The Performance Review Process Can Be a Lot Easier. Here’s How.

Managers can delegate and automate much of the work

By Holly Rozenkrantz April 28, 2020
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The Performance Review Process Can Be a Lot Easier. Here’s How.

​The annual performance review has long been a fraught ritual that both managers and employees dread. Now that it's evolved, in many companies, into a less formal, yearlong process often called a "continual conversation," managers face new challenges.

Perhaps most notably, managers are now saddled with more work: conducting check-ins with multiple employees twice a month, holding quarterly meetings that can include feedback from colleagues and subordinates, writing detailed reports, and analyzing feedback surveys. The annual meeting about salary and bonuses remains on the docket as well.

"It can be a big problem," said Brian Kropp, a human resources expert at the Gartner Group, a Connecticut-based research and advisory company. "Managers spend an average of 210 hours per year on performance management, and our data shows their No. 1 frustration with the process is how time-consuming it is."

Experts say there are several ways to make this new era of performance reviews less cumbersome. For example, managers should get employees more invested in the process by having them do the bulk of the prep work for the check-ins and meetings. Managers should also act more like coaches and make the frequent sessions less formal, with an emphasis on keeping them collaborative. And they should use feedback technology to automate more parts of the process.

As far as workload goes, "you don't have to take all that responsibility on yourself," said Dick Grote, a Texas-based management consultant who has worked at General Electric, United Airlines and Frito-Lay. "Put that work on the employee."

Give employees standard templates and frameworks with directed questions to answer. These questions can include "What are my priorities right now?," "What obstacles am I running into?" and "What feedback have I received?"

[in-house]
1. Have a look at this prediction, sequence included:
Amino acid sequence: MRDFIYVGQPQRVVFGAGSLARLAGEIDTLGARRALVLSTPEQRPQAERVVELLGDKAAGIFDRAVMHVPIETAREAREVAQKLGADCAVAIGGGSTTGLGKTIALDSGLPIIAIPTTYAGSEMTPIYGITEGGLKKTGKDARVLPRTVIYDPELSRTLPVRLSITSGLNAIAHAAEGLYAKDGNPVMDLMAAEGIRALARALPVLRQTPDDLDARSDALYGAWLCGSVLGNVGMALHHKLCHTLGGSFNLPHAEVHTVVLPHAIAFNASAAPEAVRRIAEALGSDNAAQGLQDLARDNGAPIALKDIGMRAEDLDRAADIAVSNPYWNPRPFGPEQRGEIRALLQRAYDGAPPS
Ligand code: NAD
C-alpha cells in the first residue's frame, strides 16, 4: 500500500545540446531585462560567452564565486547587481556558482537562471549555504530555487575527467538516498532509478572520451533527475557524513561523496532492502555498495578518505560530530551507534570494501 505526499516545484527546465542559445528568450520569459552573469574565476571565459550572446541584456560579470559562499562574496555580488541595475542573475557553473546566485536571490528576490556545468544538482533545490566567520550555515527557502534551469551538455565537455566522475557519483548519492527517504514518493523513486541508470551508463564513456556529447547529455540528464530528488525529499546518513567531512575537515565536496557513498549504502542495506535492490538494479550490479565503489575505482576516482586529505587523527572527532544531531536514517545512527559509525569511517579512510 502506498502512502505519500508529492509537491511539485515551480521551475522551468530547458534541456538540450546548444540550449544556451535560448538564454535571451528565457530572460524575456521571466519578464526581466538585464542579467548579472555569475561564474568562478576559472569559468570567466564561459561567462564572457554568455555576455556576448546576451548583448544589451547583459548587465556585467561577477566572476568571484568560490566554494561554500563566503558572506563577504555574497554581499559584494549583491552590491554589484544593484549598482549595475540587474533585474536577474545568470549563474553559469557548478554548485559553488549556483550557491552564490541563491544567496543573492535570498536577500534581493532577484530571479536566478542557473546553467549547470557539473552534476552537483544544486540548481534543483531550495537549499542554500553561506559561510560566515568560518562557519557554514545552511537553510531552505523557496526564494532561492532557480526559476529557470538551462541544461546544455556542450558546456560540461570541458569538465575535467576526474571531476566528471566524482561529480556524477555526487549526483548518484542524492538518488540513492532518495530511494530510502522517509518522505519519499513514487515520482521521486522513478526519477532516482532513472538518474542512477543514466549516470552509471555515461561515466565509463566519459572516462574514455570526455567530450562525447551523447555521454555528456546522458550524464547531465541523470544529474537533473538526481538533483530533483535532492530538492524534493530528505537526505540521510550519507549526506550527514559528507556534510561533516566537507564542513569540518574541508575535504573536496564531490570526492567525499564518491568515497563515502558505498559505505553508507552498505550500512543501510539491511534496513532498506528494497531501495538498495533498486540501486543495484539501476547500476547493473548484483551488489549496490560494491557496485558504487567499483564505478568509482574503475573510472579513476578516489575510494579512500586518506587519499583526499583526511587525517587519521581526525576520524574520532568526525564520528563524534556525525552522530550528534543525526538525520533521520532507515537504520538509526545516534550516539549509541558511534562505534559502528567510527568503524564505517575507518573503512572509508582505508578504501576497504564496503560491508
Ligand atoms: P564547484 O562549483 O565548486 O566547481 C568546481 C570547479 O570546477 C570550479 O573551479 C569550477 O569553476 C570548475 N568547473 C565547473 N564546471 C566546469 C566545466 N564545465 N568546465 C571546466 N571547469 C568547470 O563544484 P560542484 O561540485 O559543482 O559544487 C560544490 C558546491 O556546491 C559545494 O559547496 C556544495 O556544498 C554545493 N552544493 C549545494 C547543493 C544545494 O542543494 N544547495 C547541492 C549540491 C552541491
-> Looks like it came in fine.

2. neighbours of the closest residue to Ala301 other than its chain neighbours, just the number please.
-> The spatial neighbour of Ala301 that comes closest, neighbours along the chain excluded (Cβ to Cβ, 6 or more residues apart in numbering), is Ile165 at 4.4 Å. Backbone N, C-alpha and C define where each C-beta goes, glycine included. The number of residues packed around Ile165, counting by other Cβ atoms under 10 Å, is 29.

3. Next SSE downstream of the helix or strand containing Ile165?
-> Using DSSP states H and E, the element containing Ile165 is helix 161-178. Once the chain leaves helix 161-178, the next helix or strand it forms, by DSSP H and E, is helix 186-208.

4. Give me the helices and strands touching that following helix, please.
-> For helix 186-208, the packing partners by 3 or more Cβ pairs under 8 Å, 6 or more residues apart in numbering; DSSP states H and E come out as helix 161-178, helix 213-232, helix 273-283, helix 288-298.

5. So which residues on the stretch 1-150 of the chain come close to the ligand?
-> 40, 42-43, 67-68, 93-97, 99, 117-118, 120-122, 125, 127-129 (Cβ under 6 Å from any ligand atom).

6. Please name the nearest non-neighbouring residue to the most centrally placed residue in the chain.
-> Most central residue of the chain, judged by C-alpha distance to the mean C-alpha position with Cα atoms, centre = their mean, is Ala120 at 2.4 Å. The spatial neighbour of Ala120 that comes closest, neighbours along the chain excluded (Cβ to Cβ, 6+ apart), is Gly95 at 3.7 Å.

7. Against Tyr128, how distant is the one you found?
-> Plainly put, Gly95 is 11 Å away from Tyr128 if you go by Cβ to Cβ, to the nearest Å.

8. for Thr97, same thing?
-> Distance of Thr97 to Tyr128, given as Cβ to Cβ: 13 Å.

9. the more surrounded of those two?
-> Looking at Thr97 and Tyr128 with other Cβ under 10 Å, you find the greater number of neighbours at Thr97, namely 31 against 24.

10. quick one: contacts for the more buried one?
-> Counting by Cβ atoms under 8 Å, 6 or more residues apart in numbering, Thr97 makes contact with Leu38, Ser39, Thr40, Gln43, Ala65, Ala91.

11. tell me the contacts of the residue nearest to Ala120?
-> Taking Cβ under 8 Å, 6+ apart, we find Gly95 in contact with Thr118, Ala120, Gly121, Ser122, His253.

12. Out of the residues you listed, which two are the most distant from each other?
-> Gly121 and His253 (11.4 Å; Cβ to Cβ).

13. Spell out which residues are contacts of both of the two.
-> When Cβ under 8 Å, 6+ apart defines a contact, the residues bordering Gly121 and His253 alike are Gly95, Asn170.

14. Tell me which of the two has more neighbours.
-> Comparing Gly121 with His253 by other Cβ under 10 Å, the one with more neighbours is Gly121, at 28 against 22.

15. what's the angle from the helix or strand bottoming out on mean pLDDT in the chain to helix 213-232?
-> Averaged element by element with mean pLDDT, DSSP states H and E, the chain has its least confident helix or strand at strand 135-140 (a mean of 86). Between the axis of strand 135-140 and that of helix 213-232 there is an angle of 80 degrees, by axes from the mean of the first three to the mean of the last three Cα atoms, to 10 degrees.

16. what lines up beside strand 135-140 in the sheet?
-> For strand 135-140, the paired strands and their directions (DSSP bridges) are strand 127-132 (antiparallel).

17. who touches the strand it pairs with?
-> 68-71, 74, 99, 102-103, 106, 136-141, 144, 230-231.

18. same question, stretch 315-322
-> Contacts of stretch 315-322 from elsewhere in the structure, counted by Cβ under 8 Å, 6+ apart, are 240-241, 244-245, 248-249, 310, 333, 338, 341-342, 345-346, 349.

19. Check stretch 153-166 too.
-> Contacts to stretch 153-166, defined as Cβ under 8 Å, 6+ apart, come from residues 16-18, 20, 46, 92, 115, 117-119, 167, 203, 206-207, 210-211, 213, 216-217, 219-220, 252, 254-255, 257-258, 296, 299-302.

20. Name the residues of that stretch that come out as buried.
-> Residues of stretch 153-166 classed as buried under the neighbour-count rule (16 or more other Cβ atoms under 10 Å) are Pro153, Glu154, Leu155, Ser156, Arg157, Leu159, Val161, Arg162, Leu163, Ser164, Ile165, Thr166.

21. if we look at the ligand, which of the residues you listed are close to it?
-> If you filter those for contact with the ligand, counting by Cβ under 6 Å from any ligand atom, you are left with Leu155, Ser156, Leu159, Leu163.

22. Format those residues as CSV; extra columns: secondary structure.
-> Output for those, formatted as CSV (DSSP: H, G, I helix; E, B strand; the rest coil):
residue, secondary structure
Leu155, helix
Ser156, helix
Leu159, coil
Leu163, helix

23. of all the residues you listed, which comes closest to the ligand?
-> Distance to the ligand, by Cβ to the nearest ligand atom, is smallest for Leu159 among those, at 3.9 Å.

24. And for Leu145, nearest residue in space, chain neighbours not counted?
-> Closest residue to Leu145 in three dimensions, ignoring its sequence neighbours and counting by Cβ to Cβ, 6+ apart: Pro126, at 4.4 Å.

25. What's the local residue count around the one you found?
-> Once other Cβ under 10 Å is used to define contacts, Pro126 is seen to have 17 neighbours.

Managers can also change the dynamic that is typically associated with the process. BJ Gallagher, a Los Angeles-based workplace consultant who has worked with IBM, John Deere and Chrysler, has seen many performance evaluations get bogged down by a judgmental and adversarial interaction. She said managers can improve employee performance more effectively and efficiently by using a collaborative approach, and that can start with the initial conversation in the yearlong check-in process. "The start of the year is when mutual goals can be established as a manager-employee team looking together at the big projects on the horizon," she said. "Use that check-in session to establish three to five goals and stay away from subjective behavioral goals. Make them measurable."

To that end, managers should approach the process like "a great coach, not a traditional boss," said Ben Wigert, director of research and strategy in the workplace management division of Gallup. "It's about changing their lens and thinking about what a great coach looks like."

Studies show that employee performance improves when managers give workers meaningful feedback and make the conversations more team-oriented. For instance, managers can get an employee's peers to give feedback. Peer input can help reduce some of the burden on the manager and emphasize the team aspect of the process.

But Kropp pointed out that there is a downside to peer feedback: It can be vulnerable to bias, especially when the input is given in an "open box" format. "We suggest organizations direct peer feedback with targeted questions about specific actions and outcomes," he said.

Another tool to make the process more manageable is feedback technology. For instance, a manager can formally capture all performance conversations and feedback in the organization's human capital management system, Kropp said.

Ultimately, revamping the process from an annual review to a yearlong conversation should lead to less work for managers, not more, consultants said.

Holly Rosenkrantz is a freelance writer based on Washington, D.C. 

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